The following layer explores the relationship between institutions and how they impact access to foods. When considering education or work settings, availability and accessibility of healthy nutritious and affordable food varies. Whilst there may be nutrition standards, these are not always followed or enforced. Weight bias is experienced in education, healthcare and workplace settings which can lead to stigmatising acts. This discrimination takes place in many forms, for example, students can be victimised by their peers and teachers. This, in turn, may lead to bullying, skipping meals or not progressing to higher education. Individuals subject to weight bias tend to have inferior care from healthcare professionals as well as less pay and fewer promotions from employers[7],[8].

4. Community: 

Today’s environment is obesogenic, which refers to the influence of infrastructure, neighbourhoods or conditions on the promotion of obesity. The lack of green spaces affects one's physical activity leading to a sedentary lifestyle. Food aggregators, like Deliveroo, were found to promote buckets of fried chicken to poorer postcodes with higher levels of obesity in comparison to sushi which is promoted in more affluent areas with lower levels of obesity. This exacerbates the limited access to nutritious and affordable foods.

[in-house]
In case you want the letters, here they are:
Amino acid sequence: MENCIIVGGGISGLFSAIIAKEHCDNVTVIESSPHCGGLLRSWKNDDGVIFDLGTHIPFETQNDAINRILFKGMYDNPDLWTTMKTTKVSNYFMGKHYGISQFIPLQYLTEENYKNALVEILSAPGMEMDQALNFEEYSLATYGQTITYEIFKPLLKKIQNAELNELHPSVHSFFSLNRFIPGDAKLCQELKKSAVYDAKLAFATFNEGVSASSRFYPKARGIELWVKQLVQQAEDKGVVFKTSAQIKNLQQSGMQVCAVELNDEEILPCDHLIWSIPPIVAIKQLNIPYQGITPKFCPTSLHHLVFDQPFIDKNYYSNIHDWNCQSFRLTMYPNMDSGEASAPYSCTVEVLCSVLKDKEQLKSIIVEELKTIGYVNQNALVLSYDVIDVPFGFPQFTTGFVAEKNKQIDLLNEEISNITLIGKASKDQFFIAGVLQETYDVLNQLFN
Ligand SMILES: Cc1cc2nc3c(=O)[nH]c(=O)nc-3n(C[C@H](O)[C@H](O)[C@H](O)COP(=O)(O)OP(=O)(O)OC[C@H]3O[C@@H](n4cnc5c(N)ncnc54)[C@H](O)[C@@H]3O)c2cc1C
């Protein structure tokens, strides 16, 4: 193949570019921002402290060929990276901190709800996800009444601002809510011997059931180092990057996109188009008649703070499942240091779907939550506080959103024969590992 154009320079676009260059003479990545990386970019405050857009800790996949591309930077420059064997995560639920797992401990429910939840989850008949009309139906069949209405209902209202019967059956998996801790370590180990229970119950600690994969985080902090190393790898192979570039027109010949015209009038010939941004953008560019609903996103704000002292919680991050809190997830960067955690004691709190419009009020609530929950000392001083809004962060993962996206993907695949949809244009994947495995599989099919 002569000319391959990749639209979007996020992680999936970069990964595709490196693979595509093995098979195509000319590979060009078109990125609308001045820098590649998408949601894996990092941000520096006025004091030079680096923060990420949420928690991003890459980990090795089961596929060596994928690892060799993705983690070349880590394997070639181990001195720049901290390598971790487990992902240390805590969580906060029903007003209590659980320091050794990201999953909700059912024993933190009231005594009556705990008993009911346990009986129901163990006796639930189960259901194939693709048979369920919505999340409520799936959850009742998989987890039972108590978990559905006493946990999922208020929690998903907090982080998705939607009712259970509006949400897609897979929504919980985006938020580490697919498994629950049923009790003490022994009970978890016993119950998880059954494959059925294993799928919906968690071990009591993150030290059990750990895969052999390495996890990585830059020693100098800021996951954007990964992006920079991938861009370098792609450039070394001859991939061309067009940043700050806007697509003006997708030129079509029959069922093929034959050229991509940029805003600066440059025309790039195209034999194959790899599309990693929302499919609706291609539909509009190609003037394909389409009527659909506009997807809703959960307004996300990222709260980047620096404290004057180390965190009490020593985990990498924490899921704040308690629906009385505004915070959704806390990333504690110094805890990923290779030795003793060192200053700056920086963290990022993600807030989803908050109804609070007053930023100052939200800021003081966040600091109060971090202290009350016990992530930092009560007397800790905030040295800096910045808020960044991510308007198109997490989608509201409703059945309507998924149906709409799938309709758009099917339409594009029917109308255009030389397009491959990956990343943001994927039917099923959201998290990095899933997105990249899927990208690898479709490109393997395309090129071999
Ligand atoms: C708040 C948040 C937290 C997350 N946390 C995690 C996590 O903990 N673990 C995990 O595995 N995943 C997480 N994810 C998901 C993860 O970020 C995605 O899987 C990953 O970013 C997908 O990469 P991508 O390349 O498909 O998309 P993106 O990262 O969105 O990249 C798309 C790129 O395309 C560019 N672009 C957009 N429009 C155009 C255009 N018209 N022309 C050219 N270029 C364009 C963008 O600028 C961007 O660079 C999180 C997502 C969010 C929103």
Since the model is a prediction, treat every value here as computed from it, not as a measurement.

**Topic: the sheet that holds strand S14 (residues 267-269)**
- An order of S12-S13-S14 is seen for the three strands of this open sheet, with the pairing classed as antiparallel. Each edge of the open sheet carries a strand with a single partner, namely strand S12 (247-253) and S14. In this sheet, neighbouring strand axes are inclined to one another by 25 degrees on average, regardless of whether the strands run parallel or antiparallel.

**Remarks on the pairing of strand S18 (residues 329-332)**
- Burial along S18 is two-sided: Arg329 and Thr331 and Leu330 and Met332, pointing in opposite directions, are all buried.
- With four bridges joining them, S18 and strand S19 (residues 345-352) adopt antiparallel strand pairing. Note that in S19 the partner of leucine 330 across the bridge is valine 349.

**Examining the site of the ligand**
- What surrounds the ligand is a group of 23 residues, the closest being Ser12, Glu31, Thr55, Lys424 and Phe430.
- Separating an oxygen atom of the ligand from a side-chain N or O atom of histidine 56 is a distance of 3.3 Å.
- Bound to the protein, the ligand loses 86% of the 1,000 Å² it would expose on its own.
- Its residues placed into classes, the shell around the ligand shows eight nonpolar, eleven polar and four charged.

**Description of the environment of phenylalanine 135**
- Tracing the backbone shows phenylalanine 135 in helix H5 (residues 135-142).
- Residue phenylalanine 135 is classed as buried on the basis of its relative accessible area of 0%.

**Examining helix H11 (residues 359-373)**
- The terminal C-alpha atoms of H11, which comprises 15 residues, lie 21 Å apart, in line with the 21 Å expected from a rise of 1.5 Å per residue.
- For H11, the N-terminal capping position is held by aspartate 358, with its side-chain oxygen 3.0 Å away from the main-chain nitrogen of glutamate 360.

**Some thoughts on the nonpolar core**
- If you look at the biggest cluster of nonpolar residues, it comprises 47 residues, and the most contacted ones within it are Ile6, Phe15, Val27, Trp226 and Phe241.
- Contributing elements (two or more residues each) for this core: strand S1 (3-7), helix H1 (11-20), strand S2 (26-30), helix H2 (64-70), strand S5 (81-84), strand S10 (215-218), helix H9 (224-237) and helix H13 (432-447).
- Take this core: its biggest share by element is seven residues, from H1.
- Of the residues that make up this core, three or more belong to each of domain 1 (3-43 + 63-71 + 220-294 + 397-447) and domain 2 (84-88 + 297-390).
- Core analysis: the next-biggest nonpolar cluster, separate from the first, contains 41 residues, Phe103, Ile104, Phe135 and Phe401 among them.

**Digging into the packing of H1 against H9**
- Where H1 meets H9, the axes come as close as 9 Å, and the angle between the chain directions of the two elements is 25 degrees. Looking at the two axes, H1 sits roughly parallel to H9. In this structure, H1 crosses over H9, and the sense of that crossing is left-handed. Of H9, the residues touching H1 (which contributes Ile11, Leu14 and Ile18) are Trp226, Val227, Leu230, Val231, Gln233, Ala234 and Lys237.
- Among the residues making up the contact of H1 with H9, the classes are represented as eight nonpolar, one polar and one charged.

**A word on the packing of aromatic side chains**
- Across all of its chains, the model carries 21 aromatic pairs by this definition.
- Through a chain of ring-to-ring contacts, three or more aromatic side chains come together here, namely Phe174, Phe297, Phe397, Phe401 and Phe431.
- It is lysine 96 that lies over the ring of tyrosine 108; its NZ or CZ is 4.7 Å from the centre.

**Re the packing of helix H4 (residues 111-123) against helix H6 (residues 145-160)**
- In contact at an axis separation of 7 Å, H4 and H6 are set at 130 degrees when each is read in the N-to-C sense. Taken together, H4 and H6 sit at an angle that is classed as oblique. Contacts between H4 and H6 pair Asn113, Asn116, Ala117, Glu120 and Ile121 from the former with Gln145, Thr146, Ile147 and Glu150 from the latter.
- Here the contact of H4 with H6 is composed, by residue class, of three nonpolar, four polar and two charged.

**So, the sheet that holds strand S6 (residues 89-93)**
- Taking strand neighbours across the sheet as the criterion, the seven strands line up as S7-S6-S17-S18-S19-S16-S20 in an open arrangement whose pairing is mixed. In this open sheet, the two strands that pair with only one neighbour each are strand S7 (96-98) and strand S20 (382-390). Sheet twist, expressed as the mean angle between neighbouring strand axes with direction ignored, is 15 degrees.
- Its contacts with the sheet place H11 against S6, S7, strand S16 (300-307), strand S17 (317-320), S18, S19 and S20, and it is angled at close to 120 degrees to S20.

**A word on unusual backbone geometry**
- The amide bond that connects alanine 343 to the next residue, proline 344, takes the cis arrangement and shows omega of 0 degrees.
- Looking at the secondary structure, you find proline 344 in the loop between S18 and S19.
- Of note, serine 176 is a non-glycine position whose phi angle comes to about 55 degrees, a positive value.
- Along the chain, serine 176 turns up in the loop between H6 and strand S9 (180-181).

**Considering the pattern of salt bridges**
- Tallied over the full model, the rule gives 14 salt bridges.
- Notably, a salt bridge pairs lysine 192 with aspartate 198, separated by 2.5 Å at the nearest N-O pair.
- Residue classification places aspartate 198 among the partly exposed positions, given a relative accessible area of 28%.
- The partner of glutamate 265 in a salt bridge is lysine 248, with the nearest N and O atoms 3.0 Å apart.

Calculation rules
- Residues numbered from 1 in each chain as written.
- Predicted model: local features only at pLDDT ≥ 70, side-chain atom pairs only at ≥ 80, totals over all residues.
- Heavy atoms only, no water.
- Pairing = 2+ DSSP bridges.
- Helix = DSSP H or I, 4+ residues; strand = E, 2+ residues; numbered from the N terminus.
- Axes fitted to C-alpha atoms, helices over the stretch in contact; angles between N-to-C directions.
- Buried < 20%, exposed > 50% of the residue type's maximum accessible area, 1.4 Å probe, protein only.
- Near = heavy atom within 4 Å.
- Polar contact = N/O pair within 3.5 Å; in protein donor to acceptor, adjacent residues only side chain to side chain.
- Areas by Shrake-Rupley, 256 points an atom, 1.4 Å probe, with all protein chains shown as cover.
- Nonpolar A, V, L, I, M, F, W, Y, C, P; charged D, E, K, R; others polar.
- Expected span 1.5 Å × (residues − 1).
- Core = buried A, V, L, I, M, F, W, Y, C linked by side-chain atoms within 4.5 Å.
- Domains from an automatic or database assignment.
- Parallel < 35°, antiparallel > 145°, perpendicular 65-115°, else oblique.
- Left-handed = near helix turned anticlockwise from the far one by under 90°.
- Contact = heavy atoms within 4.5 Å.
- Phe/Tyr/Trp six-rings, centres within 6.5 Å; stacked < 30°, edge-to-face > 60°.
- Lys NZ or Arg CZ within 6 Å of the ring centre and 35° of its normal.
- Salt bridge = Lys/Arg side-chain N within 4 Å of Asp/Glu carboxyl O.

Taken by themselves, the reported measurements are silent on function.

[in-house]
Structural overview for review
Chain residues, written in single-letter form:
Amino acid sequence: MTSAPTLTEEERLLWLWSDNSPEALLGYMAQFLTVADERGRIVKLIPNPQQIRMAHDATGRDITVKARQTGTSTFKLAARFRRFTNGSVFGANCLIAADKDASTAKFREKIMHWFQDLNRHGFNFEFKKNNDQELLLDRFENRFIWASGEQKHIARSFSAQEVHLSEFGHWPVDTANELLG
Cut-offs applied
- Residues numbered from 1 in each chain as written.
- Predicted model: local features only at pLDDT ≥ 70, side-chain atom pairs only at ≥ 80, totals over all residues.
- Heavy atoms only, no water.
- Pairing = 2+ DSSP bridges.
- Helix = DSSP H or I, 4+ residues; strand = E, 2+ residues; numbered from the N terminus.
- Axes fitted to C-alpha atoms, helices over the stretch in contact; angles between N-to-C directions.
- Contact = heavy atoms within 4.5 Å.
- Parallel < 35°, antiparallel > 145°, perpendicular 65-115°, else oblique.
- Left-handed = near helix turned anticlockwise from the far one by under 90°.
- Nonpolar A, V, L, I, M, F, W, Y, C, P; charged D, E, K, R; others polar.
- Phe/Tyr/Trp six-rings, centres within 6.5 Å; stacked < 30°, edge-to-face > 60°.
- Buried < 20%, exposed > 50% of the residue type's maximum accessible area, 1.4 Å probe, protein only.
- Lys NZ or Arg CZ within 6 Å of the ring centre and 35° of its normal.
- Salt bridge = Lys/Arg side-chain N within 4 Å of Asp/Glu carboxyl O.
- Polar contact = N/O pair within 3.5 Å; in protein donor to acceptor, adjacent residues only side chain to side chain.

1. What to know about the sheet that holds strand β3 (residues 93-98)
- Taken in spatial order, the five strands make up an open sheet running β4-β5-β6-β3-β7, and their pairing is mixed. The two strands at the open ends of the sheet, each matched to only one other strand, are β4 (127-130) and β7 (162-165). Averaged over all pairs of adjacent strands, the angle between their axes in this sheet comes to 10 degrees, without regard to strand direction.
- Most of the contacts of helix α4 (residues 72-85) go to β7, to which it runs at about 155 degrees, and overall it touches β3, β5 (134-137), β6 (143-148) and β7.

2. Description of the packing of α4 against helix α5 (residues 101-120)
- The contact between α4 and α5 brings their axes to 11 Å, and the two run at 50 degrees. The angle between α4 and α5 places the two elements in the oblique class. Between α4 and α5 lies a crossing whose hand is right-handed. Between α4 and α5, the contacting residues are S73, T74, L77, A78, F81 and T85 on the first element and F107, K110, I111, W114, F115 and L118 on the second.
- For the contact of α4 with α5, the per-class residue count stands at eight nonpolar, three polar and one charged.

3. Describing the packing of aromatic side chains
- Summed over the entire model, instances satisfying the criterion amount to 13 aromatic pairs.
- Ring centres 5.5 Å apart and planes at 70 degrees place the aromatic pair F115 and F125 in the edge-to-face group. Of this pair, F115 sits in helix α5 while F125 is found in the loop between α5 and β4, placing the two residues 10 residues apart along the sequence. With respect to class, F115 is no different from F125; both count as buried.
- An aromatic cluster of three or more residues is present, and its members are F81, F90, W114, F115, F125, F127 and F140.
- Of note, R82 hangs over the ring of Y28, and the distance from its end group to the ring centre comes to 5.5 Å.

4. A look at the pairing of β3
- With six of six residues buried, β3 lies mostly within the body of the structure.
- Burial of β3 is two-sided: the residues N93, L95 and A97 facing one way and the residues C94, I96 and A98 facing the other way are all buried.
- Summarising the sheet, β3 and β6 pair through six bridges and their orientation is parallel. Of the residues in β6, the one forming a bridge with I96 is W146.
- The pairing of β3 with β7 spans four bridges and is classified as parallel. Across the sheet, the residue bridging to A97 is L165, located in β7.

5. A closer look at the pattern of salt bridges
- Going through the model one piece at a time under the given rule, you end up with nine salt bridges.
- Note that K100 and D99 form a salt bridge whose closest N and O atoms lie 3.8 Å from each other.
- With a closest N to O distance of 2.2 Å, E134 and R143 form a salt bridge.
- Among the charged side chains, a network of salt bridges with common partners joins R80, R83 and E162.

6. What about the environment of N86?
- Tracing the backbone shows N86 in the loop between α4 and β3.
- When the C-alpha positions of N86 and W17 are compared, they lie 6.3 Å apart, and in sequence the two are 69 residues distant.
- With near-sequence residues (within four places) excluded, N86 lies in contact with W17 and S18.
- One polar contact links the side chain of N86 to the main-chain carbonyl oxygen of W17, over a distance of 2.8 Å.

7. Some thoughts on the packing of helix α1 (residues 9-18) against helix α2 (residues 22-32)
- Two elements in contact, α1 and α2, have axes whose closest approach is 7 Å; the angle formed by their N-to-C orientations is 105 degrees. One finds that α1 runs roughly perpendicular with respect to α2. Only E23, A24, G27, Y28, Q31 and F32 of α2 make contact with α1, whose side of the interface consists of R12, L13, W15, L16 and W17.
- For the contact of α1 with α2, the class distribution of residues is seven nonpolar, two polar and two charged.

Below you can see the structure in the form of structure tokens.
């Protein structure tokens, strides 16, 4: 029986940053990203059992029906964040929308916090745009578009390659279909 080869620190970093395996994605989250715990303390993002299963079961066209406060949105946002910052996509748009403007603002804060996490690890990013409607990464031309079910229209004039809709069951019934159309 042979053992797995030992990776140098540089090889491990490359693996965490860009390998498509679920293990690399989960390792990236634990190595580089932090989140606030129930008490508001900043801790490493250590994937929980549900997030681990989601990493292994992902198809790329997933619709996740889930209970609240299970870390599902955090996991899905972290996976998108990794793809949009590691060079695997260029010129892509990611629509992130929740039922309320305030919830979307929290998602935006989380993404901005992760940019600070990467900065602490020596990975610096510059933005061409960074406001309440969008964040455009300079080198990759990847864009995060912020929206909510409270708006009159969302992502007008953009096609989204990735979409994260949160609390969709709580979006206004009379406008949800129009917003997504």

5. Public Policy: 

The final layer includes Government regulations, brought about to bring positive change in the population. For example, the Soft Drinks Industry Levy was introduced in 2018 and successfully encouraged manufacturers to reformulate their products and reduce the sugar content. The levy led to a 29% reduction in the sugar content of soft drinks within three years and no change to the total volume of soft drinks purchased[9]. Other measures include, the promotion of multi-buy offers (buy one get one free) on foods which are high in saturated fat, sugar and salt (HFSS), restricting the display of HFSS food at end-of-aisle. The former policies are examples that address the unhealthy food environment, with the aim to make healthier options available for everyone.